The third option is a middle ground between laziness and effort. You take tours of bakeries, peering at all the shelves and sniffing the air until one day you spot in the back corner a rack of cookies and go 'AHAH! That's what I want!'. This is what I am trying to do with touch. There are a lot of ways to be physically intimate out there. Just in my everyday life and in my chosen media, I see dozens of examples of affectionate/intimate touch. This is me wandering around the bakery. So how do I pick out the things I like? Suggestive jealousy. It would take an enormous amount of thought-energy and reflective patience to carefully analyze each instance of physical affection to determine whether it's something I want. Fortunately, suggestive jealousy is the feelings equivalent of a big flashing neon sign in a bakery, pointing at a plate of cookies and mouthing 'over here'. It makes me perk up and go 'yes, that!'.

So when I watch Hats kiss the top of Flowers' head, or see the two of them cuddle in a new configuration, I am jealous, but it's not that I want them to stop doing that, or that seeing those actions makes me feel bad. It makes me feel good, both because they're happy, and because it points out to me something that I want, which I can then articulate, which I can (probably) then get. It's actively useful to me. They're happy, I'm happy, and I don't have to do all the work of figuring out intimacy from scratch. Everybody wins.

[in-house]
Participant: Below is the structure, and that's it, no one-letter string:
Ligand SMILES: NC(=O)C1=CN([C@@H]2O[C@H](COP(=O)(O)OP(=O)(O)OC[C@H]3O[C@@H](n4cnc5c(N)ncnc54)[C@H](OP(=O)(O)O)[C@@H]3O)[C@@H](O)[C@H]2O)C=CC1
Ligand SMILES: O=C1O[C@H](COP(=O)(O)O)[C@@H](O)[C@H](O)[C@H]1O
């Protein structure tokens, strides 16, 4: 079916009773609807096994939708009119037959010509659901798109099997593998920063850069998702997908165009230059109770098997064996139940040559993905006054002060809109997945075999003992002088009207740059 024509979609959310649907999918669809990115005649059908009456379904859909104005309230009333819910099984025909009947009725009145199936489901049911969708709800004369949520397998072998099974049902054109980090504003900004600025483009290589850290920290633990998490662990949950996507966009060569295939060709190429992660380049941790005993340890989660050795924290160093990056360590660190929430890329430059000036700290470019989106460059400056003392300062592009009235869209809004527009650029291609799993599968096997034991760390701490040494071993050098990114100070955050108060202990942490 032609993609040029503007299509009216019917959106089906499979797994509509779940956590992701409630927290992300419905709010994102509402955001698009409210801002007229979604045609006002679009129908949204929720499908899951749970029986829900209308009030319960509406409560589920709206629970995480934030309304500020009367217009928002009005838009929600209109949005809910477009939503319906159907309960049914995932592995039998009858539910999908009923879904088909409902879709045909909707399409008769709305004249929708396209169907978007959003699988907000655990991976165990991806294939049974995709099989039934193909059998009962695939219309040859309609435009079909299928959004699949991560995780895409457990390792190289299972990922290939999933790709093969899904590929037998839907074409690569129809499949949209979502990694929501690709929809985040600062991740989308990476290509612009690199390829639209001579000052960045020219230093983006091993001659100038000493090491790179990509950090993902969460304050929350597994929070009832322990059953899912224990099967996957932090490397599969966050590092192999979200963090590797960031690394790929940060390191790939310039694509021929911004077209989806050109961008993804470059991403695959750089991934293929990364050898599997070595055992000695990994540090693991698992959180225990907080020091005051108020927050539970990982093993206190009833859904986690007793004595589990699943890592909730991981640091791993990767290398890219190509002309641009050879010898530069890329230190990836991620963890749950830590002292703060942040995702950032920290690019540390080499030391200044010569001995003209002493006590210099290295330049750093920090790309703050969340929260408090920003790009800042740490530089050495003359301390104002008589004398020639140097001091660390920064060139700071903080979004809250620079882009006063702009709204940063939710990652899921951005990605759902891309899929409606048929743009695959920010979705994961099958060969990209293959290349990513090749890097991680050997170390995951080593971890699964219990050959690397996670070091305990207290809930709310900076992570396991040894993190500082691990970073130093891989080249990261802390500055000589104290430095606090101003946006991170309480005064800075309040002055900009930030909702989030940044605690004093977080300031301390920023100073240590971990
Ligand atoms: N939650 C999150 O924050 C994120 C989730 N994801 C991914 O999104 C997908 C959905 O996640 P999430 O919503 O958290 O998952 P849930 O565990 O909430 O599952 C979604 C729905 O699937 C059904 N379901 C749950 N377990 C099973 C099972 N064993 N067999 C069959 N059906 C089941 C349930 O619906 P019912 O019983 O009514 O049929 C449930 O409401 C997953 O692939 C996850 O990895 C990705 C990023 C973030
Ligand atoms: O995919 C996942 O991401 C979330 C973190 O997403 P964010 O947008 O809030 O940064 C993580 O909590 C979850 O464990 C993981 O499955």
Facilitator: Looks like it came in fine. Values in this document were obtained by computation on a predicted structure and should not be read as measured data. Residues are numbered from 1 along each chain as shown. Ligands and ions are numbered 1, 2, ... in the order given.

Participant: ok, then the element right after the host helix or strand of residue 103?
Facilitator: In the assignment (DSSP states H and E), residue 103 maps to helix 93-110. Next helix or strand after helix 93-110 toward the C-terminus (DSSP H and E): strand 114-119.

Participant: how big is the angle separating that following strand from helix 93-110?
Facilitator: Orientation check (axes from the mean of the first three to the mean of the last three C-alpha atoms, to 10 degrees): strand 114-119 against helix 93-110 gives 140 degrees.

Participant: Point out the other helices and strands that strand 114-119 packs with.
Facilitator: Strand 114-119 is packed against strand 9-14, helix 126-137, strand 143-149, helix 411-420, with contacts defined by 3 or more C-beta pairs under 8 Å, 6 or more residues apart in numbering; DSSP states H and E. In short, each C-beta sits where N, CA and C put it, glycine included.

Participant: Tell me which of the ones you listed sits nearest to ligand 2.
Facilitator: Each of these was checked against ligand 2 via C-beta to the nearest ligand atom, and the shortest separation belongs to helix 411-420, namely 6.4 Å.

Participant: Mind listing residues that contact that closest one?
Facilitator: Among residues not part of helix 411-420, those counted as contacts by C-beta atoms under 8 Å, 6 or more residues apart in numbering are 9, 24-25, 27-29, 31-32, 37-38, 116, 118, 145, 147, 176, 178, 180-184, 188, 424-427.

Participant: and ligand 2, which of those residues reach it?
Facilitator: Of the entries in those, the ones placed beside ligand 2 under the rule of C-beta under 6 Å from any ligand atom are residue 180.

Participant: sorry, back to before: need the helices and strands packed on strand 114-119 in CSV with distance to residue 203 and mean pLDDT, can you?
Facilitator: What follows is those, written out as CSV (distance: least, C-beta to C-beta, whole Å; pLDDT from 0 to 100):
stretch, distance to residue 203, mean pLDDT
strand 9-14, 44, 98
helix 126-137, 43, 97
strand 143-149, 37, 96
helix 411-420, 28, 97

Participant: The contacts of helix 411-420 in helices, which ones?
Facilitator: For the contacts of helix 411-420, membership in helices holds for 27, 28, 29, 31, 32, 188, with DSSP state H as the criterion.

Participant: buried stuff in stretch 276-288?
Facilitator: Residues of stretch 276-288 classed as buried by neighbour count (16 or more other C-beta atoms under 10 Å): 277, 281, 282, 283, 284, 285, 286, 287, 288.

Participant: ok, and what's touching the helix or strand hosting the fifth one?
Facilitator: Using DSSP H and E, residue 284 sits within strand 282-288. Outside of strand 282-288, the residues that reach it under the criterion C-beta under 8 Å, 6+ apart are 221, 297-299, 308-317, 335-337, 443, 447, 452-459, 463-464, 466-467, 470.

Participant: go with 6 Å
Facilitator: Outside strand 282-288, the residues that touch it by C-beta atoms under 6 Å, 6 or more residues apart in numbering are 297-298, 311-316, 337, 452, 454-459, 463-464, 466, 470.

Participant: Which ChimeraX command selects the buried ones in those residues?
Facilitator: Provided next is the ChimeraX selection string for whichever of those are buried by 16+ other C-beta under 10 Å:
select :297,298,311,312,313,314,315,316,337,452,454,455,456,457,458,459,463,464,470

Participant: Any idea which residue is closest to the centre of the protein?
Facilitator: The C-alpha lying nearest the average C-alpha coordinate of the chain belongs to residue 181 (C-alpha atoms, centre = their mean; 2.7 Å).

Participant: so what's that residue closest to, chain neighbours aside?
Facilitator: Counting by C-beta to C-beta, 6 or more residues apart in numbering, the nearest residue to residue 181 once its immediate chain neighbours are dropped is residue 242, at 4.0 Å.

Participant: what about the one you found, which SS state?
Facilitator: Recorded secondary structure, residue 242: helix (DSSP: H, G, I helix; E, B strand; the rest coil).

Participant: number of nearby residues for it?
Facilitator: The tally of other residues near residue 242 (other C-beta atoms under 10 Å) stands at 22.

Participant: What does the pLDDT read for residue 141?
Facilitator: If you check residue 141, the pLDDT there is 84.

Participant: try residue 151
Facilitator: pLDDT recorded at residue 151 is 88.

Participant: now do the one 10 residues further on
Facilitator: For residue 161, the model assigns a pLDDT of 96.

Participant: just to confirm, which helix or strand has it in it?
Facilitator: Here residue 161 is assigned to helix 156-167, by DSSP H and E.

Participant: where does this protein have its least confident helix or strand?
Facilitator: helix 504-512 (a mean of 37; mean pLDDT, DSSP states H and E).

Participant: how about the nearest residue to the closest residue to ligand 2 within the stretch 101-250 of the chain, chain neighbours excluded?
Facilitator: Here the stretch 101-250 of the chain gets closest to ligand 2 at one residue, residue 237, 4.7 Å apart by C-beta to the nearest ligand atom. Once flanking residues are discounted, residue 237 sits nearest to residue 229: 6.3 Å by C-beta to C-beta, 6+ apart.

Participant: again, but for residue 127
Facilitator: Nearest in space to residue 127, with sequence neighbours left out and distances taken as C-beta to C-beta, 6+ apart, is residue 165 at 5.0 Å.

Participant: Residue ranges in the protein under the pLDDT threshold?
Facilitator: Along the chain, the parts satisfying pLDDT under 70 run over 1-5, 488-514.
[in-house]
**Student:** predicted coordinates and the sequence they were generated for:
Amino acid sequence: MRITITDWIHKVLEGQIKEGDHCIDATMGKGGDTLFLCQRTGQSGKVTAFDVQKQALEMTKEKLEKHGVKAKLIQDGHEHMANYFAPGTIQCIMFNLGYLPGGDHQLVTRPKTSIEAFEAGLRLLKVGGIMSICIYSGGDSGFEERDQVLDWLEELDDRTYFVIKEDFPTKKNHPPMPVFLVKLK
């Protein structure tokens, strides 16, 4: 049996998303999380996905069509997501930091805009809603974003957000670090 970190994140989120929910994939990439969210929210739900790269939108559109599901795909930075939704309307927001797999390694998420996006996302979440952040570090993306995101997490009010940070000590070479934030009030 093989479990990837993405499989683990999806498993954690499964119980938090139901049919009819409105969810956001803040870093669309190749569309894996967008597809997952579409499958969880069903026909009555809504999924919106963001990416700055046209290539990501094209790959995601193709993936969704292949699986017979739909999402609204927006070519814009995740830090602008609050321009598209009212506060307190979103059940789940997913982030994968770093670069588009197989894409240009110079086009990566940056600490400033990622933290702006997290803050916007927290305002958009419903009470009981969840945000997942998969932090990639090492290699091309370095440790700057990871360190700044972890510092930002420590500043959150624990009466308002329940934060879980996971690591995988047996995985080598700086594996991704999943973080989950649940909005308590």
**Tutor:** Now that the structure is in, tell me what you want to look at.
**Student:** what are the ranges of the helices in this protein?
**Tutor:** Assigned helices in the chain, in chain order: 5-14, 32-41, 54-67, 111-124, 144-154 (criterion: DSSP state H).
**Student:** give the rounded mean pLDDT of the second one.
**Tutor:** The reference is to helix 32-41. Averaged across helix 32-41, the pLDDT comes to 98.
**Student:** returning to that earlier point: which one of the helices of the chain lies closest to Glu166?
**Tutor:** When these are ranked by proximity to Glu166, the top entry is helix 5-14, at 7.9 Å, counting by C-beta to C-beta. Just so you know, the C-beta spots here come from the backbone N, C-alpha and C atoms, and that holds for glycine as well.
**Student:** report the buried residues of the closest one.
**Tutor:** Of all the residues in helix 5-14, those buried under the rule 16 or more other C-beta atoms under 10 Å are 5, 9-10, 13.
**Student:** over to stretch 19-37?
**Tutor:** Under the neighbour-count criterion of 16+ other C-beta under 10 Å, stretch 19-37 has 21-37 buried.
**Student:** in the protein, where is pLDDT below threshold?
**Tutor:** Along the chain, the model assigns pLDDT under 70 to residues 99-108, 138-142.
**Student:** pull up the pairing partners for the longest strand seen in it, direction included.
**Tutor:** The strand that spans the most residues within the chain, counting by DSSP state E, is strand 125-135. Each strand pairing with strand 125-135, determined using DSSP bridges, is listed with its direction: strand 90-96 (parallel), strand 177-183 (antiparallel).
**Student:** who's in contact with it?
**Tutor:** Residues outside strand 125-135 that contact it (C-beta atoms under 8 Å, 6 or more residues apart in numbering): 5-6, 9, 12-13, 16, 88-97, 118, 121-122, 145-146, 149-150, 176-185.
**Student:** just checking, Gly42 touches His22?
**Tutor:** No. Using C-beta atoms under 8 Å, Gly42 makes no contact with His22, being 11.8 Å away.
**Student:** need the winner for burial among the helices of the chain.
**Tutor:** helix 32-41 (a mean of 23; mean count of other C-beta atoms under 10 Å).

Note: I originally wrote this post when I was living near Hats and Flowers and seeing them very often. I tweaked it a tiny bit for tenses and to use the new names, but nothing more. This active process of figuring out touch is on hold while I'm away at school and out of touch-range, but the suggestive jealousy has turned up in a different light. Now it serves as a good measure of how touch-starved I am. I've found that I miss touch quite a lot when I'm away at school, and how much I miss it varies depending on my stress level, how long it's been since I visited Hats and Flowers or talked to them, the weather, and so on. Watching how jealous I am when other people hug each other is a good way to keep track of it.


  1. It's so nice to see you blogging again, GreyWanders! This is a really interesting post - I don't have much to say because I haven't really experienced jealousy (maybe this makes me super weird, but I am not a jealous person when it comes to relationships at all, it seems. Academics... is another issue). But it's a really interesting conception and I think yeah, jealousy doesn't always have to be super creepy and possessive and negative. :)

  2. ooh! This is an awesome and useful metaphor! Also getting-info-on-oneself, and finding ways to do that, is also awesome.

    And, jealousy in English is such a confusing word, because we use it to mean its meaning, but also really commonly use it as a synonym for envy, and those are not the same thing! I had to go to another language to figure that one out!